CONTENT WARNING – Mental health, anxiety, depression
The story of my mental health journey isn’t a short one (no one’s is) and I don’t want to unpack all of my issues here all at once, so I’ll start slowly with a bit of background, and my interim guide to feeling a bit better and soldiering on.
2016 and most of 2017 were pretty horrific for me. I was caught in a spiral of undiagnosed anxiety, low self-esteem and mild depression. I’m not sure what the sliding scale of mild to severe looks like and I’m not a healthcare professional, so I’ll just say I felt pretty shit about myself most of the time, the drop of a hat could set off a panic attack, I wasn’t eating properly and I cried all the time.
“Chin up.” I lost count of how many times, from how many people and in how many ways this was said to me in that time. As advice goes, it’s probably the most British thing you can hear. It’s right up there with “Get Over It”, “Don’t Worry” and “Time Is A Healer”. They can all “Fuck off”. But actually… try it. Tip your head up just a little. Breathe in. Breathe out. Do that again. Keep doing it.
Look forward. Not back, not down, forward. Physically look in front of yourself. See what’s there, notice it. Think about it, turn it over in in your mind. Take yourself away from the Thing. Mentally, imagine a time before the Thing, I know – this is technically looking back, but there’s a point. The point is you didn’t always feel this way, so there’s now no reason to think you always will. Now look forward again, the Thing will pass and you’ll still be able to remember it, but you won’t feel it like this, it’ll be like looking at an old picture and you can’t quite remember where it was taken.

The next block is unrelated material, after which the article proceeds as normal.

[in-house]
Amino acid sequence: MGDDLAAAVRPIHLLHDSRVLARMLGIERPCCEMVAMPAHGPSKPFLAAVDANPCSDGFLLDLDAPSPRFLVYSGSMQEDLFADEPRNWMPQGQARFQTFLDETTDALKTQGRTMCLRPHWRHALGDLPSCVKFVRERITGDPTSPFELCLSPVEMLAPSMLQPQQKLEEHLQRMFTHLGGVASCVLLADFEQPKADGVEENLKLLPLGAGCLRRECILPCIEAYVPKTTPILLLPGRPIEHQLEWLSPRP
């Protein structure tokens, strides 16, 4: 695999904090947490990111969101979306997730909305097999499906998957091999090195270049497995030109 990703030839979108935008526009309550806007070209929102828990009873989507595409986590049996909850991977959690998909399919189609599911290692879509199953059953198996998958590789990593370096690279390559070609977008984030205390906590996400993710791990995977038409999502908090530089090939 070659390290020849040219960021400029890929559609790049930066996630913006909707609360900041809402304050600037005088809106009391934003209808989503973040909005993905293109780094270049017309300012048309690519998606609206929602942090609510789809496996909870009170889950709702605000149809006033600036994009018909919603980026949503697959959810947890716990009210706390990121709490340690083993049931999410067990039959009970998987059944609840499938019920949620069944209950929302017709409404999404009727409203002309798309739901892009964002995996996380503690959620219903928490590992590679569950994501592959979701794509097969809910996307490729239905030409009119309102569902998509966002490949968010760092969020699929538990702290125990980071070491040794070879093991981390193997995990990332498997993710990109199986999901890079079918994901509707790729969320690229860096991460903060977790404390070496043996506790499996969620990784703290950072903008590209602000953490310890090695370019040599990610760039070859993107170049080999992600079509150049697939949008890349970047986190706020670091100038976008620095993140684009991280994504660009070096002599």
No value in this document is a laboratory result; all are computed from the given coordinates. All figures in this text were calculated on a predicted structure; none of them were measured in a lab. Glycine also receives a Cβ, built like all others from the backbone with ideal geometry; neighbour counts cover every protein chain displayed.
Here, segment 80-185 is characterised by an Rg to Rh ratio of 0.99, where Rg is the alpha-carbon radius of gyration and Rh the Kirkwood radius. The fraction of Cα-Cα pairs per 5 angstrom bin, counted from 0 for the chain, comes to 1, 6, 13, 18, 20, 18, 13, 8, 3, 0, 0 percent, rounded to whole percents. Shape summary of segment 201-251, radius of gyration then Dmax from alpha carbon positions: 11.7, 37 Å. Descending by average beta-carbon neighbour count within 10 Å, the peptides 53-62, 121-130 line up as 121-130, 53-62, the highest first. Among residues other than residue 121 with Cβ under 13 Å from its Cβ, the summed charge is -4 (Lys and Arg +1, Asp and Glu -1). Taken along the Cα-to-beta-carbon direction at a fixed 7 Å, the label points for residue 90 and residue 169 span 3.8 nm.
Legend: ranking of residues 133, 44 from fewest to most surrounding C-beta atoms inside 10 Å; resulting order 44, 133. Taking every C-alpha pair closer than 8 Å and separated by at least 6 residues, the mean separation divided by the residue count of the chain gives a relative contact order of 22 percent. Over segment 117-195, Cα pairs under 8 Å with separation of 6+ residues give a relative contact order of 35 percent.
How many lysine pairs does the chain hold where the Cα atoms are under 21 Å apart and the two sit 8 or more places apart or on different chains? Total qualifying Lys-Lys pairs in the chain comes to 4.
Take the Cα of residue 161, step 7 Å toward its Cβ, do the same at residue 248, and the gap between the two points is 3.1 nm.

Breathe. In. Out. In. Out. Again. And again. And again. Count it. Count the number of seconds you breath in, then count them back out. Concentrate on it. It surprised me when I started counting my breath how quickly I forgot about the Thing. My heart stopped racing, my throat opened up again. It works in the moment when the Thing threatens to overwhelm you.
It’s especially useful at work if you’re the kind of person who doesn’t like crying at their desk. It never really bothered me. I cried at my desk all the time, for about two years. People in offices are very good at pretending not to notice. On buses too – it’s one of the things I was grateful for in London, being able to sob openly on a bus in private.
Smile. In the mirror. Force it on, even with tears on your cheeks, even though it looks more like a grimace, pull it on with your hands if you must, but do it. Do it several times a day, when you’re alone, when you feel the worst, smile anyway. Let your face know that the muscles are still working. One day those muscles will work themselves and you’ll be so glad you didn’t let your face forget how.
Be Brave. I know it’s a bit vague, I’m not even really sure what it means, but it was my mantra. I said it to myself at least 20 times a day for two, maybe three years. Get a mantra. You can use mine if you like, it’s not copywritten. Use whatever words connect you to the ground. Could be “Be Brave”, could be “Chin Up”, could be song lyrics, or someone’s name, or something your granny used to say to you (get your shoes off the couch, stop annoying the dog). Say it out loud. Remind yourself there are other things, outside of this feeling, outside of the Thing.
Part of Being Brave is talking about the Thing. Tell someone in person, or call them, text it to them, put it on your Instagram story. Say it out loud. Tell a stranger, sometimes it’s easier. Tell me, I won’t even write about it. Unless you ask me to, in which case I’m happy to help you tell your story. Sometimes helping someone else is the thing we need to help ourselves. It helps us stop thinking about the Thing, and it’s often easier to Be Brave for someone else than it is for ourselves.
There it is, my short guide to feeling a bit better. It’s not a replacement for dealing with the Thing, but it’s how I made it through the time before someone who loves me told me I needed proper professional help.
Look forward. Breathe, Smile and Be Brave.
It’s important to point out here that I am not an expert on mental health. What I’ve described here are the things that worked for me, in the hope that they might help you feel a little bit better in the moment, but they’re in no way intended to replace professional support (and medication if you’ve been prescribed).
If you think you need help with a mental health issue, make an appointment with your GP, dial 111 or call the Samaritans. If you feel you’re in immediate life-threatening danger from a mental health emergency, please call 999 right away.
If you feel you’re in immediate life-threatening danger, call 999 now.
Here are some additional resources;